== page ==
I still don’t see that big of a difference between them. If Crain wasn’t good enough for the list last year, then Orvella, basically a guy who blew away the Sally League, shouldn’t be this year, unless the overall quality of the list has declined.

NS: Everything’s gotta be just about perfect if we’re going to rank a relief pitcher. I’d rank Orvella somewhere and not the other two.

CK: I thought we’d learned something from Ryan Wagner, but let’s face it, optionable relief “prospects” are about as luck of the draw as they come. Skip two bad weeks–in too many situations, two bad outings–and it’s back to the minors, at which point, you can be overlooked for a year because of health, new flavors of the week in minor league bullpens, or somebody somehow getting in favor, like a Vinny Chulk or Yhency Brazoban.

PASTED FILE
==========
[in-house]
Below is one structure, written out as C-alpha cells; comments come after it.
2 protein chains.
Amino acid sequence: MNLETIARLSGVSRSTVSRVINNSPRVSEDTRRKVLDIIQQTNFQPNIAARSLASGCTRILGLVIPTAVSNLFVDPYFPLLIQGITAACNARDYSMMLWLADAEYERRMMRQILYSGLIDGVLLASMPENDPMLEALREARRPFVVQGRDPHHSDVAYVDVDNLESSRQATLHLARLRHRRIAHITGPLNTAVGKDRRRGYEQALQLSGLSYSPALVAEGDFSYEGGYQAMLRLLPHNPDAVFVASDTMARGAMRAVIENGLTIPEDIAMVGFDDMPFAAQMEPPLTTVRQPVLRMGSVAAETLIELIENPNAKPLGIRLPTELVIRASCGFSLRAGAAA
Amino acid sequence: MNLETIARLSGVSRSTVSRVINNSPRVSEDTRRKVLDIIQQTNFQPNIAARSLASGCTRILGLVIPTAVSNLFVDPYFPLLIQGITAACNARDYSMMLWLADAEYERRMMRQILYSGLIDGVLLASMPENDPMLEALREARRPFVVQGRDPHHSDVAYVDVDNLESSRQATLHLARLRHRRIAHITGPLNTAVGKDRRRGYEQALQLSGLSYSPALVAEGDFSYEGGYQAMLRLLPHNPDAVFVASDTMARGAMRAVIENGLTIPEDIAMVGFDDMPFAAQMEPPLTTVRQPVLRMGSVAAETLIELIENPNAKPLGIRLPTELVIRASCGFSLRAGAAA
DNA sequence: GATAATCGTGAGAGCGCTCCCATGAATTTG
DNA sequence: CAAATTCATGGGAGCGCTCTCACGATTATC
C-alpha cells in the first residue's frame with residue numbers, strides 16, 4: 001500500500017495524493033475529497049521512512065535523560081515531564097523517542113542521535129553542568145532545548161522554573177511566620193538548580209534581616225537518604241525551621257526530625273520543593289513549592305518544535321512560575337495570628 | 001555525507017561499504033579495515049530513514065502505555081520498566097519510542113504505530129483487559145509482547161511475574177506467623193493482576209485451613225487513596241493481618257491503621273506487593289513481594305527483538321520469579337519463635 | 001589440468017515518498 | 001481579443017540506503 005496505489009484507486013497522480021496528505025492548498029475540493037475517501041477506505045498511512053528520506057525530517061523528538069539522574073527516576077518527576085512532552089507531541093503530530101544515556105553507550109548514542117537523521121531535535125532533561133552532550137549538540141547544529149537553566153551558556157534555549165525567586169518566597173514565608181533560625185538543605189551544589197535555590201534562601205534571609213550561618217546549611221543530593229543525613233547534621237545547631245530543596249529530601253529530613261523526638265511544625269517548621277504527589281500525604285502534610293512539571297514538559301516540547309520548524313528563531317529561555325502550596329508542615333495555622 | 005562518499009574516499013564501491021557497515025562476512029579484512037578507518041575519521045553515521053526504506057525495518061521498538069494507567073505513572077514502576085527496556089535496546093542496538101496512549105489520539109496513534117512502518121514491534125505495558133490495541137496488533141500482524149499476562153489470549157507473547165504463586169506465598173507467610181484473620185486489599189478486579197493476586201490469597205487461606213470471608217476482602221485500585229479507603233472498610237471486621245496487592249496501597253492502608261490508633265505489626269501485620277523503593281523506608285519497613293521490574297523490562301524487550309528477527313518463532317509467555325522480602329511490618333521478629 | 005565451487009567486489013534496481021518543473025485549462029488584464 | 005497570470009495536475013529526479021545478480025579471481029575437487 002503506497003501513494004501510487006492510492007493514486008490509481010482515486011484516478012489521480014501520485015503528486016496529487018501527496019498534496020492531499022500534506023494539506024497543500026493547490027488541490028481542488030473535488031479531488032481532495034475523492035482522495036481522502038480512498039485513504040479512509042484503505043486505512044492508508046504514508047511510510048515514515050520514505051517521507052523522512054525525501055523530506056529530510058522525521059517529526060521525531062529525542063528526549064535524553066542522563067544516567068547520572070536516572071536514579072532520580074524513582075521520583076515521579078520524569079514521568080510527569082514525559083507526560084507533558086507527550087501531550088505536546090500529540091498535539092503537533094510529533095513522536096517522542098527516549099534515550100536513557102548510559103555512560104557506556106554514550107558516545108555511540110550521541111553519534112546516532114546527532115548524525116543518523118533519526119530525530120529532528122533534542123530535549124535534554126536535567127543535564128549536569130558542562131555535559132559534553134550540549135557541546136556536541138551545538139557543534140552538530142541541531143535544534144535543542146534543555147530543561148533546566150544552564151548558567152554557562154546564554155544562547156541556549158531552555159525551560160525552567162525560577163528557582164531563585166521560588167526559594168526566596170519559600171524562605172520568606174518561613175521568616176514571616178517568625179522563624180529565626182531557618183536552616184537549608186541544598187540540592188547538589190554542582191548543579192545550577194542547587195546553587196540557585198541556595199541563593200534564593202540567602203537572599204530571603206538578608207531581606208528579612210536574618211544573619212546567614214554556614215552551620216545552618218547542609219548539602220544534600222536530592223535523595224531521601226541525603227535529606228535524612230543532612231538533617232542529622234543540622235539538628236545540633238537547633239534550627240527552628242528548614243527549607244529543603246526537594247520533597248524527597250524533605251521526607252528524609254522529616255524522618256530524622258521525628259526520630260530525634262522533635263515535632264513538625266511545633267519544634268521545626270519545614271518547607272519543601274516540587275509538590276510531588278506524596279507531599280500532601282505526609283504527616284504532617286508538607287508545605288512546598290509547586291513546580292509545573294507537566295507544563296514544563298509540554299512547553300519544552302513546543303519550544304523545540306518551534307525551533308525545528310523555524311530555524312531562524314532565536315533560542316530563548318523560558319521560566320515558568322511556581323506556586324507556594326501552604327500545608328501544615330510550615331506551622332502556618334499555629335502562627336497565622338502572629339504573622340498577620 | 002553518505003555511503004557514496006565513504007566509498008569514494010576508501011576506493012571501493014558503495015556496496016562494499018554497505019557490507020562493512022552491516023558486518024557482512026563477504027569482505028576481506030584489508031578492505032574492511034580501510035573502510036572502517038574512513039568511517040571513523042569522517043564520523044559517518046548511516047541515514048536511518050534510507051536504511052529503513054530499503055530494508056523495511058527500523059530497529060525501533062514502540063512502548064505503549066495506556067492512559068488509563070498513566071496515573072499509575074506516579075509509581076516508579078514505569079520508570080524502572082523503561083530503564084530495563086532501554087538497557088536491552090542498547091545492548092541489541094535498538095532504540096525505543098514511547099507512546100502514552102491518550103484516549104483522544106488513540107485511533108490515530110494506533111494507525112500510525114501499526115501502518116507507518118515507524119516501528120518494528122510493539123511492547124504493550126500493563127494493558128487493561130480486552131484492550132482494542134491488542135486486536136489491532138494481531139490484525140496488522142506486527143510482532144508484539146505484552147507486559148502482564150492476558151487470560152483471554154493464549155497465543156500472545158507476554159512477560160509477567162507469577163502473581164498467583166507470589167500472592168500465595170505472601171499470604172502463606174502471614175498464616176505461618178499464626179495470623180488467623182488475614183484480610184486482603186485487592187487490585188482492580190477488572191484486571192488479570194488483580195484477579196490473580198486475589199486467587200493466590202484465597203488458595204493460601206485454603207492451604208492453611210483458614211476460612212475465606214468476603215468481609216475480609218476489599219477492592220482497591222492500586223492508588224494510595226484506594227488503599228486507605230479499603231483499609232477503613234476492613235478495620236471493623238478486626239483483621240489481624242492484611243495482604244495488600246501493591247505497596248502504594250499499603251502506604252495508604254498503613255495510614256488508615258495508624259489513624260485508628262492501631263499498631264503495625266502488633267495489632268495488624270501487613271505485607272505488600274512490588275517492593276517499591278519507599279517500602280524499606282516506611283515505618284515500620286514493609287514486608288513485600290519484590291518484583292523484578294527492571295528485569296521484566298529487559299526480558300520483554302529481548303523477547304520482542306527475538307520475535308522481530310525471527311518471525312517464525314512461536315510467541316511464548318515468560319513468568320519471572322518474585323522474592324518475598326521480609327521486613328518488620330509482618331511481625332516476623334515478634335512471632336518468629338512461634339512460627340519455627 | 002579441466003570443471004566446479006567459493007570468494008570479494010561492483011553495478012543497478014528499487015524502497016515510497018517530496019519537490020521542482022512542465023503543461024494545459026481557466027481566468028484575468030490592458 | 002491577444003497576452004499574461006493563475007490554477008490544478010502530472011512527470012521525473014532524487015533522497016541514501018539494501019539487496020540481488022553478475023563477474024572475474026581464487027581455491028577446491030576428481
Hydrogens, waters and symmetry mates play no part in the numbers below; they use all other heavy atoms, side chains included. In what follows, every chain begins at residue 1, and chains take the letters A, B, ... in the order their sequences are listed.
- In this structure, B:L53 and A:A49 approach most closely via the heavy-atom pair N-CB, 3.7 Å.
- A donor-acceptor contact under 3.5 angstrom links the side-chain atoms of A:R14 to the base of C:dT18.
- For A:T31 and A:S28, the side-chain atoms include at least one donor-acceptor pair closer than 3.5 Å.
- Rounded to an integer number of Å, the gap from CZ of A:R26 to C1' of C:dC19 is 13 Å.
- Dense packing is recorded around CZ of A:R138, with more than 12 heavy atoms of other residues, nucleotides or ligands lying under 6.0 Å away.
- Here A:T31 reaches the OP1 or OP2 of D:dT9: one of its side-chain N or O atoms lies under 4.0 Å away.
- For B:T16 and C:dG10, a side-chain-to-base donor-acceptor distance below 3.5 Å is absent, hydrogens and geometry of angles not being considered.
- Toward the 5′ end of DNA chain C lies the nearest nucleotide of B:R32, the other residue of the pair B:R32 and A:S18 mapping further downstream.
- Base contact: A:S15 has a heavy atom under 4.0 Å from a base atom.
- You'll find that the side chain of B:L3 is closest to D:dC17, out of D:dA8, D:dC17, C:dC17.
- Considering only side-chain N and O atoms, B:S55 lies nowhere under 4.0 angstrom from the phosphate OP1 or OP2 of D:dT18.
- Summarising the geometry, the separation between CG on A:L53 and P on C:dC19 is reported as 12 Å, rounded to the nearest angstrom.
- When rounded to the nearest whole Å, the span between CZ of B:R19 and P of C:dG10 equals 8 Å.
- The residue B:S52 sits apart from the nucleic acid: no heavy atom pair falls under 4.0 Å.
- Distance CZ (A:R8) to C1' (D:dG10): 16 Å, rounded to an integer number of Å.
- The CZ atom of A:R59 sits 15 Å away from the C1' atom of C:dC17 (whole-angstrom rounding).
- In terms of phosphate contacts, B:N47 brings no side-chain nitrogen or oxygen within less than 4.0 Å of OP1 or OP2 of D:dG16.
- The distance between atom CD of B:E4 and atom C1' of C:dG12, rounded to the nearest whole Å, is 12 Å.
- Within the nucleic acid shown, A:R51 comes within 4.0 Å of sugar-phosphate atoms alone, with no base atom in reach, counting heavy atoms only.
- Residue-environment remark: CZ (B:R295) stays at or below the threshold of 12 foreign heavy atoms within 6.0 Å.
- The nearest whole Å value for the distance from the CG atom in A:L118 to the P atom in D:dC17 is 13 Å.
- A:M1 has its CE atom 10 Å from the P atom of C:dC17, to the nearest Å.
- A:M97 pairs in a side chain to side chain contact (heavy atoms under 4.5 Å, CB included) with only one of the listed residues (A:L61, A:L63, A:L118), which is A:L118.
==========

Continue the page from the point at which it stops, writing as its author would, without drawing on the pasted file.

Orvella might make a nifty Mr. Irrelevant or HM, but philosophically, I think it isn’t sensible to place groomed relievers among the fifty best prospects in organized baseball (and Jered Weaver).

RJ: There are two things to say about the relievers:

1.) All things considered, Crain may deserve to rank ahead of Orvella and Street, simply because he’s been dominant for two seasons instead of one.

2.) You could make the case that none of them deserve to make the list at all.

Thank you for reading